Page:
Measures that can close the evidence-to-policy gap remain central to the health policy debates in the European region. If they are to enhance uptake of policy, countries will need to provide adequate and sustained investment into capacity building for policymakers, researchers, health practitioners and patients, ensuring access to platforms for exchanges and learning. Countries have benefited from close cooperation with the European Regional Office of WHO and other local and international networks and evidence brokers (e.g. UHC2030, European Observatory on Health Systems and Policies, Alliance for Health Policy and Systems Research).

However, a sustainable path towards UHC will require a further emphasis on cross-learning and sharing experience from the implementation of national health strategies (across Europe and globally), with policy dialogues offering an opportunity to drive evidence-informed decision-making. Inclusive dialogues should be held (representing national bodies but also practitioners and the public) so that each voice is heard, and diverse perspectives are taken into account. Achieving this will require fundamental changes: redesigning policy spaces, shifting power towards frontline actors (those who deliver and use services), who often remain less visible.

A balancing act

As such, committed sustained funding for HPSR capacity building that takes account of the specific context and strengths but also targets the gaps is required by all member states, and with even higher urgency in the Eastern European and the former Soviet Union countries. The latter, besides experiencing geographical and financial barriers and gaps in access to high-quality primary care, lack tradition of evidence-based medical practice and have a dearth of legal or administrative mechanisms to support its implementation.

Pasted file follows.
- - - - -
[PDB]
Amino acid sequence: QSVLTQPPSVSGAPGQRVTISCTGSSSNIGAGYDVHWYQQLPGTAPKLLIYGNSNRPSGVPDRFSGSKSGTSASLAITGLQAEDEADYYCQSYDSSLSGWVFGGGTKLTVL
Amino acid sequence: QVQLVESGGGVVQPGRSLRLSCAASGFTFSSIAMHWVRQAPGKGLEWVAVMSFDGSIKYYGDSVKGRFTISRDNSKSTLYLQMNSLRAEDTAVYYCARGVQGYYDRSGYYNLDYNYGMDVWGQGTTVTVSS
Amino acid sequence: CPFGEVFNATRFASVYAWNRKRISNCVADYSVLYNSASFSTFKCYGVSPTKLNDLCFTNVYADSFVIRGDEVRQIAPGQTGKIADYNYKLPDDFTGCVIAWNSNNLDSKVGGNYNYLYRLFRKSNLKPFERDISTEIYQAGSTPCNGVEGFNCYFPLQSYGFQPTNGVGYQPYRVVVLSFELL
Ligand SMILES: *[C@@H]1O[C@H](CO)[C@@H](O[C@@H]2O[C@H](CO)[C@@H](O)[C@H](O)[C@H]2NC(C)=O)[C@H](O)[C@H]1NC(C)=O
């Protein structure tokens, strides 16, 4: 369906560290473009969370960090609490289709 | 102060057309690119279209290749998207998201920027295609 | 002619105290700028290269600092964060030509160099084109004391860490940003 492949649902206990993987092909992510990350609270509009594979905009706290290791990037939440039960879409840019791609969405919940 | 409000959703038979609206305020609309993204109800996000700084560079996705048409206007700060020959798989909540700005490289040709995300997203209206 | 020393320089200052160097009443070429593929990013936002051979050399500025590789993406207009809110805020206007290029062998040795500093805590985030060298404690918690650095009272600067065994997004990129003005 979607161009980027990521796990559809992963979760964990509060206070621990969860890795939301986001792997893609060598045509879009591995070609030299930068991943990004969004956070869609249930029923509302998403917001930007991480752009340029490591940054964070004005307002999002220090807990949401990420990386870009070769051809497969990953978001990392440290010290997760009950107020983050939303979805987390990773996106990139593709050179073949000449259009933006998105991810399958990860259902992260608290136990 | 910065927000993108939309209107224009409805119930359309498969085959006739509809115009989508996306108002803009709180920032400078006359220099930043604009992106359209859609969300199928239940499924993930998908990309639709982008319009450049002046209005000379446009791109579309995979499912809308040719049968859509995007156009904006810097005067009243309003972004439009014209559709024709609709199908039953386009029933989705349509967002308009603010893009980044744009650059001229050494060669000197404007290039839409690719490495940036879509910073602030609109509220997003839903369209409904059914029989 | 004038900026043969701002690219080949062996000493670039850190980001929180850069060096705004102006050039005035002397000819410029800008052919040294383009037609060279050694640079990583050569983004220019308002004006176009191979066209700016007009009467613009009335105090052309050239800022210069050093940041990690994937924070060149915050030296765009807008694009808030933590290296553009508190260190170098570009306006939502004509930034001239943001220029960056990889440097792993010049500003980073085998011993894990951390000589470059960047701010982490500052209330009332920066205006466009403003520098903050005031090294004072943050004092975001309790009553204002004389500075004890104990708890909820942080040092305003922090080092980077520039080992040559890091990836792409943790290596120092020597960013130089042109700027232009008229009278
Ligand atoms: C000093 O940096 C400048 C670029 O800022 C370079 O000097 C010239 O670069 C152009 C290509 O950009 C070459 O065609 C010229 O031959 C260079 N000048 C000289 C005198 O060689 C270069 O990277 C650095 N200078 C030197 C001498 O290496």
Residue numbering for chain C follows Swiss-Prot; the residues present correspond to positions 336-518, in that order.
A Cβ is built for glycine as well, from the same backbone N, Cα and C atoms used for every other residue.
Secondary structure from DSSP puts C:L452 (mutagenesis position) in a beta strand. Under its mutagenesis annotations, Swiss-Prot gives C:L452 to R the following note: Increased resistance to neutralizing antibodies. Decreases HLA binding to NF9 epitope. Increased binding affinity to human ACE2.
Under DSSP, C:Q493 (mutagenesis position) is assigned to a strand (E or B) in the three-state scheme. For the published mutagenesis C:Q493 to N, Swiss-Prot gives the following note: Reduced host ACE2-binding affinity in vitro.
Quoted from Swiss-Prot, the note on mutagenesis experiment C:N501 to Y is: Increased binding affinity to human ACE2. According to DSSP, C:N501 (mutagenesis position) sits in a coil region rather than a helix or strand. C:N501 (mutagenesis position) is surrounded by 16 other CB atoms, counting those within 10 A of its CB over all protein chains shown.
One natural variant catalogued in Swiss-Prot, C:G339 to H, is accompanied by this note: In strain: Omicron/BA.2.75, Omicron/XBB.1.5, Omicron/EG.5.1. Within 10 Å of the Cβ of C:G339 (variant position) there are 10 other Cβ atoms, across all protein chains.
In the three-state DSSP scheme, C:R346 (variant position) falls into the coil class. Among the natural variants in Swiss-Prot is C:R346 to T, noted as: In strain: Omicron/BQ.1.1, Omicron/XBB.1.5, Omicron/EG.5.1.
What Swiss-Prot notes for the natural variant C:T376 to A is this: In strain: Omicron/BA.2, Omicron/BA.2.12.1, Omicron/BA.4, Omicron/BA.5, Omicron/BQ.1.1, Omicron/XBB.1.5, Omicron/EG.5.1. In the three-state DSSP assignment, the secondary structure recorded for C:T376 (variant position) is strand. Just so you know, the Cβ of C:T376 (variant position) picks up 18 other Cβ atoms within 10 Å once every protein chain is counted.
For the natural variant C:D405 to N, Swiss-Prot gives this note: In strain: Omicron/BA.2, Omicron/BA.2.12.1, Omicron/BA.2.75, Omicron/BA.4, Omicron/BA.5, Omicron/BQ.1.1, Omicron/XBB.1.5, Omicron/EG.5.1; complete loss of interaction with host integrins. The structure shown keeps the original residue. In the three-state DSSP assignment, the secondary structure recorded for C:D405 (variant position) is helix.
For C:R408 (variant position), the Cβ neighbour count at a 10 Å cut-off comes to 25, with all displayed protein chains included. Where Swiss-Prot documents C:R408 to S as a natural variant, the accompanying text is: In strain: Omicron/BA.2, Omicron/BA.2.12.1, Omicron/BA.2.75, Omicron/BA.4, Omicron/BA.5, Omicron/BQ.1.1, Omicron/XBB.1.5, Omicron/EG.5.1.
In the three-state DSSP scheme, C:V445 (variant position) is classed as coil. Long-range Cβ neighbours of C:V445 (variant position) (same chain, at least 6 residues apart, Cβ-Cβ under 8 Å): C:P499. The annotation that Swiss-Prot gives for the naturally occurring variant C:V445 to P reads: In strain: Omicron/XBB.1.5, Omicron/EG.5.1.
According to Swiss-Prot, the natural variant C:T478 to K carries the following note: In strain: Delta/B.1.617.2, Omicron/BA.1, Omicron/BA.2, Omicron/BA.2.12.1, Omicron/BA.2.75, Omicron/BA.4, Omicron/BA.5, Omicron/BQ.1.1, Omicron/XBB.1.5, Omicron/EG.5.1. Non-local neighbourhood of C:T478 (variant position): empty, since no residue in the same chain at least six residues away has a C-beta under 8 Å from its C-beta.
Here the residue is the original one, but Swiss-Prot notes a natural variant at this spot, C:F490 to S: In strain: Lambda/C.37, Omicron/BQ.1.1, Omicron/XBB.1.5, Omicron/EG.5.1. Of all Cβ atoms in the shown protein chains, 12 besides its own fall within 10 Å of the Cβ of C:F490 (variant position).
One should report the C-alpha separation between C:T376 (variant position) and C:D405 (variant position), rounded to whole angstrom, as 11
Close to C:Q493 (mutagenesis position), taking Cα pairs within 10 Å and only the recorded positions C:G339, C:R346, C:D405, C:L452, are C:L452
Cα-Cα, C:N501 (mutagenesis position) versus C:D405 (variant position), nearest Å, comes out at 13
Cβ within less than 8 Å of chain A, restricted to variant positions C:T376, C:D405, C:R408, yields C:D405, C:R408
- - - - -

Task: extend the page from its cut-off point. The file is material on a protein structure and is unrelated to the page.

HPSR researchers and implementers from less connected institutions, especially where English is not the main language and HPSR capacity is still weak, need additional support; they frequently lack access to up-to-date international literature or opportunities for continuous medical education, relevant bodies of evidence and peer networks, including local and international knowledge exchange platforms such as the Sixth Global Symposium for Health Systems Research, due to lack of support by governments and international agencies.

Moving towards UHC the European counties should:

  • Continue to extend coverage to the hard-to-reach and most vulnerable groups, designing equitable financial and delivery models and social protection provisions, and promoting community involvement in universal health systems;
  • Secure enough political will to reinforce the learning capacities of the health system to support UHC through promoting evidence uptake, financial support for continuous and sustainable HPSR capacity building; and regional and global cross-learning;
  • Support transition to integrated, people-centred care, as well as innovative digital technologies with a potential to improve the quality of service delivery, ensure resilience and empower healthcare users and provider.

Overall, there is a wealth of good practice and experience in the European region (pdf), but also significant disparities between countries in terms of health systems resources, reach, and capacity to absorb evidence. The European road to UHC by 2030 requires not only shared values but shared evidence on successful strategies, learning from each other, e.g. how to improve coverage, inclusion and financial protection. Acting through partnerships and joint policymaking across sectors is vital. The Asks to the participants of the UN General Assembly – embedding evidence and investing in people to achieve ‘health for all and leave no one behind’ – remain more relevant than ever.

Image credit: Yannis Kolesidis, Freedom House/Flickr.